Royal Academy of Engineering

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Stakeholder engagement & research
Information Architecture
User Experience
Rapid prototyping
Umbraco website design
Front-end development
Membership organisations

IE Digital designed a modern, user-centred and flexible new website for the Royal Academy of Engineering. The new site ensures clear, intuitive navigation and advanced search functionality, while supporting multiple integrations.

The Royal Academy of Engineering is a charity, national academy and fellowship that is working to solve the greatest challenges of our age. Their goal is to harness the power of engineering to build a sustainable society and an inclusive economy that works for everyone.

The new web presence strengthens the Academy’s position as a leading voice in engineering and technology, and celebrates what they do in a more dynamic and engaging way. It also brings to life IE's new brand and visual identity, better reflecting their culture, strategy and people.

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Wireframes for the Royal Academy of Engineering website
Screens showing pages from the Royal Academy of Engineering website
Immersion and stakeholder engagement

The volume and variety of the Academy’s activities had rapidly outgrown the existing website, which was over 5 years old. They wanted a user-centred approach to redeveloping the website, in line with their ambitious new 5-year strategy and refreshed brand.

As IE Brand had already created the Academy’s new brand messaging and visual identity, we knew the brand inside out.

Brand project review

IE’s digital consultants started by reviewing the outputs from the Academy’s brand project. IE's brand team had already segmented the Academy’s audiences and defined key messages for each segment. The next step was to prioritise and expand on those audience segments, specifically through the lens of the website.

Alongside the brand review, we reviewed strategic recommendations from the Academy’s recent audience research project. This provided useful insights into how the Academy’s audiences were using the current site, and how they might use a new site.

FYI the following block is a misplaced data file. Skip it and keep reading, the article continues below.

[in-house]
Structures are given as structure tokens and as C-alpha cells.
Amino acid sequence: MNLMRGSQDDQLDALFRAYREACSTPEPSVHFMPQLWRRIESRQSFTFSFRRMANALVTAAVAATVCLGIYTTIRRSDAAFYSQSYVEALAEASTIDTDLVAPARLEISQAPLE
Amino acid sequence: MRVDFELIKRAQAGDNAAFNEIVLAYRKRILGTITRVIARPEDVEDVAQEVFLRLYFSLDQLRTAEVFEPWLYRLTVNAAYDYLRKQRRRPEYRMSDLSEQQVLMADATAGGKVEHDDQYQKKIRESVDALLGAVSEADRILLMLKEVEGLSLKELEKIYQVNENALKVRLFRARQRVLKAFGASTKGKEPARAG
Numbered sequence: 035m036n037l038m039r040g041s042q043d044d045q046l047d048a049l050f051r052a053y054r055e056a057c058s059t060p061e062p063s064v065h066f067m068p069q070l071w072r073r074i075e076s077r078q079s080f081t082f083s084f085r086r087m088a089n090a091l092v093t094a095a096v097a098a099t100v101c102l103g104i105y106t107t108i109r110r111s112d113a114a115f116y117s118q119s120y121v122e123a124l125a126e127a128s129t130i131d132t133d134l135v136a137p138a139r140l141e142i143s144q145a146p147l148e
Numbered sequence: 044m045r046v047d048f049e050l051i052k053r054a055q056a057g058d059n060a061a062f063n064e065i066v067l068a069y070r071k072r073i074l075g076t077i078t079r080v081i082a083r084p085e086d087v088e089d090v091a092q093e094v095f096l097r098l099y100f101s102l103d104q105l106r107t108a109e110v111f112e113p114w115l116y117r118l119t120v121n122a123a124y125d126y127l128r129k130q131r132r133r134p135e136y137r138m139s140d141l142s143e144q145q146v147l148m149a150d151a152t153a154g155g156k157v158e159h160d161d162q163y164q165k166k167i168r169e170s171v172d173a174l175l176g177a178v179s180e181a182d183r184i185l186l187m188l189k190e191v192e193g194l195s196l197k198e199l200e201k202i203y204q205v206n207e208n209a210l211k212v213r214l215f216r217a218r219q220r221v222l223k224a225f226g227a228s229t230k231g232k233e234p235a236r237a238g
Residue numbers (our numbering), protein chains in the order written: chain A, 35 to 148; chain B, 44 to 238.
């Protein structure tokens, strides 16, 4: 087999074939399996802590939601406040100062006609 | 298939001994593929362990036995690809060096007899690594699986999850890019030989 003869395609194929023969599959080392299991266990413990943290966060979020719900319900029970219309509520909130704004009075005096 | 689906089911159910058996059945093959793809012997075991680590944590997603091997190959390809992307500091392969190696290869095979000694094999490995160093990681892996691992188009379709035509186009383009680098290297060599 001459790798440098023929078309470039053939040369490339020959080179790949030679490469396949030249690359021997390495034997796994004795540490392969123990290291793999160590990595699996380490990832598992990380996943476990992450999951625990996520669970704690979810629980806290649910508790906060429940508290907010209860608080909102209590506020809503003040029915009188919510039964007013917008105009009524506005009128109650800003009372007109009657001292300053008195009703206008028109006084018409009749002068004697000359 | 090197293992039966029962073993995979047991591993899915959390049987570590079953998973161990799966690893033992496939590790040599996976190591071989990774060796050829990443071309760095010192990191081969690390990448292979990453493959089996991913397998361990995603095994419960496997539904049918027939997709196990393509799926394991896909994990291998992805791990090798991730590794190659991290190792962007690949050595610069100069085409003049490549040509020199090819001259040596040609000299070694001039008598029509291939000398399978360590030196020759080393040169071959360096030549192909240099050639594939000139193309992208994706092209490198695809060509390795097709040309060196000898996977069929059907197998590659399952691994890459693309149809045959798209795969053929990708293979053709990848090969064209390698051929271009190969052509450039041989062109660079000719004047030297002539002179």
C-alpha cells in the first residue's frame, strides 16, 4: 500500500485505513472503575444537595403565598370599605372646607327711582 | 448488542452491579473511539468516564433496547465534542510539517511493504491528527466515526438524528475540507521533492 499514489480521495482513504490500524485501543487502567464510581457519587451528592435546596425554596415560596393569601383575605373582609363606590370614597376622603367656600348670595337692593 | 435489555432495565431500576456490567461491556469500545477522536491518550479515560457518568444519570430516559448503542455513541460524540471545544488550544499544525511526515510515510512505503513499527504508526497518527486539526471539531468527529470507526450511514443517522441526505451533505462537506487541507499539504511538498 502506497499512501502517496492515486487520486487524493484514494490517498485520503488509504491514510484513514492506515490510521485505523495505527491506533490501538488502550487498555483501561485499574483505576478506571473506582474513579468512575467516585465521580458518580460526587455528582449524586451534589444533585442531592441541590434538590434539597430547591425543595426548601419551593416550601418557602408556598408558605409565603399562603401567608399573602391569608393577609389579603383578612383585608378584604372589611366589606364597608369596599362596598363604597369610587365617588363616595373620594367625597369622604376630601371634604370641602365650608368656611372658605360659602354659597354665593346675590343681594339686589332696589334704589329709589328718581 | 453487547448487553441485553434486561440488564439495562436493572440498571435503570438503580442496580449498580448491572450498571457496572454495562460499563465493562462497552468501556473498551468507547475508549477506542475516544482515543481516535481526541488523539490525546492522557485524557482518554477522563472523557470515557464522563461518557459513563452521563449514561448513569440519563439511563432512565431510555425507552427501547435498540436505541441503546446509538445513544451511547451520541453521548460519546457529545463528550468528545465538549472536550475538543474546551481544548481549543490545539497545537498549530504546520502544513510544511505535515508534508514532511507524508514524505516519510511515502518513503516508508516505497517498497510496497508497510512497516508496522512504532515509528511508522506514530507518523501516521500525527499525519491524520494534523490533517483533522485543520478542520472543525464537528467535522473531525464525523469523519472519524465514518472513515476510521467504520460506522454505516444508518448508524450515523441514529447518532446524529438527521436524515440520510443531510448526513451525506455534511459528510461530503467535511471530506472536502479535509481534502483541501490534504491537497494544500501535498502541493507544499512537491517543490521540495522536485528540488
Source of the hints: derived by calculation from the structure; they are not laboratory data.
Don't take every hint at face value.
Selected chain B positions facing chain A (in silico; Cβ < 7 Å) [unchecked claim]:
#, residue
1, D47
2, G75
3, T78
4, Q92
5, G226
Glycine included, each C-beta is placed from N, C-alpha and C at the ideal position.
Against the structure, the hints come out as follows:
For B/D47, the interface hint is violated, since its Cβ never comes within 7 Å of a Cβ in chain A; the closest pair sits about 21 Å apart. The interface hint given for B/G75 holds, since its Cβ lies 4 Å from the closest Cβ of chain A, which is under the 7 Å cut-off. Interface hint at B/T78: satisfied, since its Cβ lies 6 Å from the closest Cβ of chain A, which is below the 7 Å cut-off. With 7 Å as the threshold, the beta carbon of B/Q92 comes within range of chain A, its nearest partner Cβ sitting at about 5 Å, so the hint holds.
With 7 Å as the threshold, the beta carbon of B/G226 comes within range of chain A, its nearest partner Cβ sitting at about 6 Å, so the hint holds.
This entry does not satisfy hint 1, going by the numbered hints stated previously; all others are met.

We also researched competitor websites to see how the Academy site was performing by comparison.

Defining the key website requirements

We ran an initial immersion workshop with key Academy stakeholders to define the overarching purpose of the website and agree what success looks like. A key consideration was how the website should reflect the Academy’s 3 strategic priorities: talent and diversity, innovation, and policy and engagement. 

Next, we ran in-depth user-needs workshops, looking at each audience segment. This was to help us better understand who they are and what they might want to search for. This helped us to start writing user stories to guide decisions around structure, navigation, and layout for the new website.

What does success look like?

The workshops helped us capture what success would look like from different perspectives within the Academy.

We heard loud and clear that the team wanted a website that:

  • feels like us – a compelling brand experience that reflects the Academy’s culture, strategy and people
  • facilitates important conversations – encouraging policymakers or influencers to find and share important content
  • demonstrates engineering in action – not just describing it, showing it
  • inspires people – to learn more about engineering and to engage with the Academy
  • has a structure that works – allowing people to find relevant and interesting content in an intuitive way
  • makes us proud – giving Academy staff confidence that the website represents them well.

Prioritising key audiences

We prioritised the Academy’s audiences to focus our attention during UX design. 

Primary audiences

  1. Engineers in industry and academia
  2. Fellows

Secondary audiences

  1. Policymakers
  2. The public
  3. Companies and partners

Project charter 

IE’s digital consultants wrapped up the user-centric discovery phase of the project with a project charter document. This captured headlines on website users, their needs, and any key opportunities and recommendations to take forwards into the subsequent UX design phase.

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IE provided invaluable support... I was impressed by how quickly they were able to grapple with and unpick our complexity, and understand the needs of our many different stakeholder groups. They were collaborative, not afraid to challenge, and eminently professional throughout. Highly recommended!
Jo Trigg, Director, Communications and Engagement Royal Academy of Engineering
Campaign poster design for Royal Academy of Engineering, which reads "Solving the greatest challenges of our age'"
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Site structure and content approach

The Academy’s preference was to build the new site in Kentico CMS, as with their existing site. However, they were open to alternatives.

After substantial research and discussion with the Academy’s incumbent technology partner and back-end developer, we recommended a move from Kentico to Umbraco CMS.